Study Overview

Study I: CROMIS-2 (AF)

Prospective cohort study of patients anticoagulated after cardioembolic stroke

Scan showing microbleeds
Observational inception cohort study (n=1425) of patients throughout the UK (79 hospitals) started on best practice oral anticoagulant (without prior use) for presumed cardioembolic ischaemic stroke due to non-valvular AF with follow up for the occurrence of ICH, ischaemic stroke and cognitive function for an average of two years. Our main baseline exposures (risk factors of interest) are the presence of CMBs on MRI, and genetic polymorphisms in candidate genes with potential functional relevance to ICH risk.

Study II: CROMIS-2 (ICH)

Observational and genetics study of intracerebral haemorrhage

We will also recruit 600 patients admitted to participating centres with ICH (with a target of at least 300 anticoagulant-related ICH cases) and collect DNA to increase the power of the genetic studies. We will collect clinical and imaging data from these ICH cases to investigate risk factors associated with anticoagulant-related ICH compared to non anticoagulant-related ICH.

The Research Questions

Primary Questions

  1. Does the presence of CMBs help predict the risk of symptomatic oral anticoagulant-related ICH in patients who are anticoagulated following cardioembolic stroke due to non-valvular AF?
  2. Do the burden (number) and distribution of CMBs at baseline influence the risk of ICH in this cohort?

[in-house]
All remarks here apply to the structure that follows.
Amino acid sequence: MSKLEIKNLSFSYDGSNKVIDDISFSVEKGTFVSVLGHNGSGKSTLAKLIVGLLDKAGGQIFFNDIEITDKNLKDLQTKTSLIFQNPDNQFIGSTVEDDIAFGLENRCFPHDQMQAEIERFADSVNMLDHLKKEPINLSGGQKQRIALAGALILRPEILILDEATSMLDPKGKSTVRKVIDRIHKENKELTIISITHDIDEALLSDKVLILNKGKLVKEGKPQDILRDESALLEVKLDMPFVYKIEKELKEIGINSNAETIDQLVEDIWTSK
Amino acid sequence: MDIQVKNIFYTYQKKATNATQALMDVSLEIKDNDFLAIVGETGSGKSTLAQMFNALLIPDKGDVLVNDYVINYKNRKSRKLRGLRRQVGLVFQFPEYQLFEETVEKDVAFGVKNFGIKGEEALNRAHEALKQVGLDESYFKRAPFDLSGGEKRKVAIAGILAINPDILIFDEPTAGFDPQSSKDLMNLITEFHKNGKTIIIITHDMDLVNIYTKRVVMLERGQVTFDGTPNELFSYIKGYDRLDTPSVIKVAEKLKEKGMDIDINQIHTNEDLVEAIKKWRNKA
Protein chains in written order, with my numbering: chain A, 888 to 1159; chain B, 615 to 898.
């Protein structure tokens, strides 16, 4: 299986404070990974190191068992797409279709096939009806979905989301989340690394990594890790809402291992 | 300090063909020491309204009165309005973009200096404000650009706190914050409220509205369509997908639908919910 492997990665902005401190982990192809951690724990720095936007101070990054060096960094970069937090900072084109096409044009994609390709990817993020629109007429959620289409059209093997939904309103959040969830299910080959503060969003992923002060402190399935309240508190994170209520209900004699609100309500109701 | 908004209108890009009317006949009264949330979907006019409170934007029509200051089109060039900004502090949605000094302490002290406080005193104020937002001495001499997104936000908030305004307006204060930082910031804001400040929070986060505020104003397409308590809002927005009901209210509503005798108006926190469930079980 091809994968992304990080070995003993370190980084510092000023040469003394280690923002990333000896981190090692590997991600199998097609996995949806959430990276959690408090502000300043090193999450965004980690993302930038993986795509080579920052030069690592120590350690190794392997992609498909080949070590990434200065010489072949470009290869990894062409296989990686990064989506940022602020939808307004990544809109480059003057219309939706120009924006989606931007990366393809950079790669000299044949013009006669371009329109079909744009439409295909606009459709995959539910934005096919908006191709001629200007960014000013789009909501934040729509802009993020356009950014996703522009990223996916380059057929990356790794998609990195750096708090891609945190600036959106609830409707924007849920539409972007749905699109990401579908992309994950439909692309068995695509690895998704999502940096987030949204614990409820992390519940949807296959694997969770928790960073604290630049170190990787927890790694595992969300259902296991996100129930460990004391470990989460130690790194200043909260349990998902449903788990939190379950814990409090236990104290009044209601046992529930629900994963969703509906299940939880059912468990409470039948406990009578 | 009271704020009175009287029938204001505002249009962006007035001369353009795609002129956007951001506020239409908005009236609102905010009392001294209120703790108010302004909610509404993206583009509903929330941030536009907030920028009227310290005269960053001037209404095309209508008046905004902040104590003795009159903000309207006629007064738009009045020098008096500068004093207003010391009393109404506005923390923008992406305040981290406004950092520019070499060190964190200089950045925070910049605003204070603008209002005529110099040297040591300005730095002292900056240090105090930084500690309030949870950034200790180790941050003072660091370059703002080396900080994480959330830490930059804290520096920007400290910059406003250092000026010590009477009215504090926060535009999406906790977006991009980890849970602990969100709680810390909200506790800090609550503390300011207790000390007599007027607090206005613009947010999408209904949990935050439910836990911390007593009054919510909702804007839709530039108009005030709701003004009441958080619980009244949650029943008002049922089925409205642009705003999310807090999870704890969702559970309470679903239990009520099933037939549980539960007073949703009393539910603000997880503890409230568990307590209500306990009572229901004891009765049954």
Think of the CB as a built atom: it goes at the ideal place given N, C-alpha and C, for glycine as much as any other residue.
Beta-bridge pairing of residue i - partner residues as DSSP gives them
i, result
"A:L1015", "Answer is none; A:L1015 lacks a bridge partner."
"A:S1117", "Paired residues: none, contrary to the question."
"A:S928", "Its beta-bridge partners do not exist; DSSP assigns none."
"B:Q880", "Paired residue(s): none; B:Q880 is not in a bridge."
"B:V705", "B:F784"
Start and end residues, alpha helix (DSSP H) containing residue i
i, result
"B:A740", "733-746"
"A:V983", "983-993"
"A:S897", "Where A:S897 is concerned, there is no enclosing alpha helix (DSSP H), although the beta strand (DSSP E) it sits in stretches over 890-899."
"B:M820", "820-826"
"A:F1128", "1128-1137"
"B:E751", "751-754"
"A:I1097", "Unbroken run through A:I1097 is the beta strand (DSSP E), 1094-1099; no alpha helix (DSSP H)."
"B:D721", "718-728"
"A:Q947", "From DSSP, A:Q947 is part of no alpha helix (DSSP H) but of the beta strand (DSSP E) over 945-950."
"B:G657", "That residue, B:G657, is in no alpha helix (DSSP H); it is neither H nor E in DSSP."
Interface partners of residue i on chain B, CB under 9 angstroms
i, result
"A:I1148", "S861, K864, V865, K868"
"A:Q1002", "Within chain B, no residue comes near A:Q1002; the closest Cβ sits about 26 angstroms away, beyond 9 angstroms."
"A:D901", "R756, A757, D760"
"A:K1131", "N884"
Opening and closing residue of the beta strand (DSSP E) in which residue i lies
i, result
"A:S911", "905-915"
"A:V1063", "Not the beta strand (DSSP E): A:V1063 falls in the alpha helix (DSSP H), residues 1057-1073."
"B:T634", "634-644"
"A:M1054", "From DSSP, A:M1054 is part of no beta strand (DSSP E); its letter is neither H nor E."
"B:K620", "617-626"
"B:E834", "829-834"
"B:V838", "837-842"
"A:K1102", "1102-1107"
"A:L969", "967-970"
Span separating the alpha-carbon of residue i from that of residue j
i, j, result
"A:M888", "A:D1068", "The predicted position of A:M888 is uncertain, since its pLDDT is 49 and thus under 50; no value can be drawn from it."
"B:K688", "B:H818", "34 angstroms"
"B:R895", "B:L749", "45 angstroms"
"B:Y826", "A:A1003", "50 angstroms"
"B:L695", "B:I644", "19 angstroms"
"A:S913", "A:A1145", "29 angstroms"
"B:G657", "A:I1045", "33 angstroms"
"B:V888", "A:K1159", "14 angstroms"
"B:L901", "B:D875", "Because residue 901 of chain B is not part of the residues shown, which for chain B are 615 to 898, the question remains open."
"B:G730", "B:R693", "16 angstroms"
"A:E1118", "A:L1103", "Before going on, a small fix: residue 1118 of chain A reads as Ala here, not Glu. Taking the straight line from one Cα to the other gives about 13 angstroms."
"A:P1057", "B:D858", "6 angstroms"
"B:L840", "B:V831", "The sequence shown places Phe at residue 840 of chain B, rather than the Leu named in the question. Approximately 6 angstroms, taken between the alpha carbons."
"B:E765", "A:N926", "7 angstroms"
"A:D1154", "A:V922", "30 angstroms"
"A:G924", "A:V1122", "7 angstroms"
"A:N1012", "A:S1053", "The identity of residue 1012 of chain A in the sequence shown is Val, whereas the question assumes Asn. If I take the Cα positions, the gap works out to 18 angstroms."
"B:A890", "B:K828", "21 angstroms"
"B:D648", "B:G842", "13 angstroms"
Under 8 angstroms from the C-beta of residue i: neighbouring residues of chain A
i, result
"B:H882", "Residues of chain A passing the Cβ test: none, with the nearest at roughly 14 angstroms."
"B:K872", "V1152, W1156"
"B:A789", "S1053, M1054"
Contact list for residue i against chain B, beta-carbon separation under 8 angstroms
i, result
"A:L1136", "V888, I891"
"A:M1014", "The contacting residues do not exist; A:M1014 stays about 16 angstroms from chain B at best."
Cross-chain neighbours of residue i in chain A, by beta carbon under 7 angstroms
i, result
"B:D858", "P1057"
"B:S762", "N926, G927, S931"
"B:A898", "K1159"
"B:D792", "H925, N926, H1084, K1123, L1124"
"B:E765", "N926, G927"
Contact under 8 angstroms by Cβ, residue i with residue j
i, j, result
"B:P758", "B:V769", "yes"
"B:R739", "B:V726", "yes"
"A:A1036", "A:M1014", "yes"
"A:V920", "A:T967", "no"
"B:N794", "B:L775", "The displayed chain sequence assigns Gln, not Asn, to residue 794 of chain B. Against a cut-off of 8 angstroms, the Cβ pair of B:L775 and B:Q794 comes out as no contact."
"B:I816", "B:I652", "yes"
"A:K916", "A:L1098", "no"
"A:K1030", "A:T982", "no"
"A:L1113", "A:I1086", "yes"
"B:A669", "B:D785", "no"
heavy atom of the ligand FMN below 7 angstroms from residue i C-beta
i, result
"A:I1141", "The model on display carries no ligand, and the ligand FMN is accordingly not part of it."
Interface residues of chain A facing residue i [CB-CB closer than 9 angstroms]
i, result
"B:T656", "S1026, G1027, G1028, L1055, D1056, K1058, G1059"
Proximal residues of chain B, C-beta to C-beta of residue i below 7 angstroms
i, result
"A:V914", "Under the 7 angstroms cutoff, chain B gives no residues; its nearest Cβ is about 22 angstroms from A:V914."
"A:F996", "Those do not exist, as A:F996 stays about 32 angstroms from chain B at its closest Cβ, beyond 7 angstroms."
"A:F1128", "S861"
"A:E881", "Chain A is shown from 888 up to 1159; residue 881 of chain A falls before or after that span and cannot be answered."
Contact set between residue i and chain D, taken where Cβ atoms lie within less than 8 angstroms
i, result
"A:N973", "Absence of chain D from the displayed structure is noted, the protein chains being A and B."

Secondary Questions

  1. In patients anticoagulated after ischaemic stroke due to non-valvular AF, are CMBs associated with an increased risk of recurrent TIA, ischaemic stroke or death?
  2. Are genetic polymorphisms related to the integrity of brain small vessels or anticoagulant metabolism associated with an increased risk of ICH?
  3. Are CMBs a better predictor of oral anticoagulant-related ICH than clinical risk factors and/or leukoaraiosis on MRI scans?
  4. Can a useful risk prediction model incorporating clinical, imaging and genetic factors be developed to assess the risk of best practice oral anticoagulant-related ICH?
  5. Can we identify new genetic, clinical or radiological risk factors associated with anticoagulant-related ICH?

The Hypothesis

Because oral anticoagulant associated ICH is associated with increased age and previous stroke, and often occurs with anticoagulation intensity within the therapeutic range[1], it is likely that the mechanism underlying the high risk is related to individual patient factors, for example an age-related disorder of small brain blood vessels, such as cerebral amyloid angiopathy (CAA) or hypertensive small vessel disease. In keeping with this hypothesis, some studies suggest that leukoaraiosis - a confluent deep white matter abnormality seen as low attenuation on computed tomography (CT) or high signal on T2-weighted MRI, which is a marker of small vessel disease - increases the risk of oral anticoagulant-related ICH.2,3 CMBs are associated with leukoaraiosis: however, because they provide direct evidence of leakage of blood from pathologically fragile small vessels, we hypothesize that microbleeds are a better predictor of oral anticoagulant-associated ICH than leukoaraiosis alone.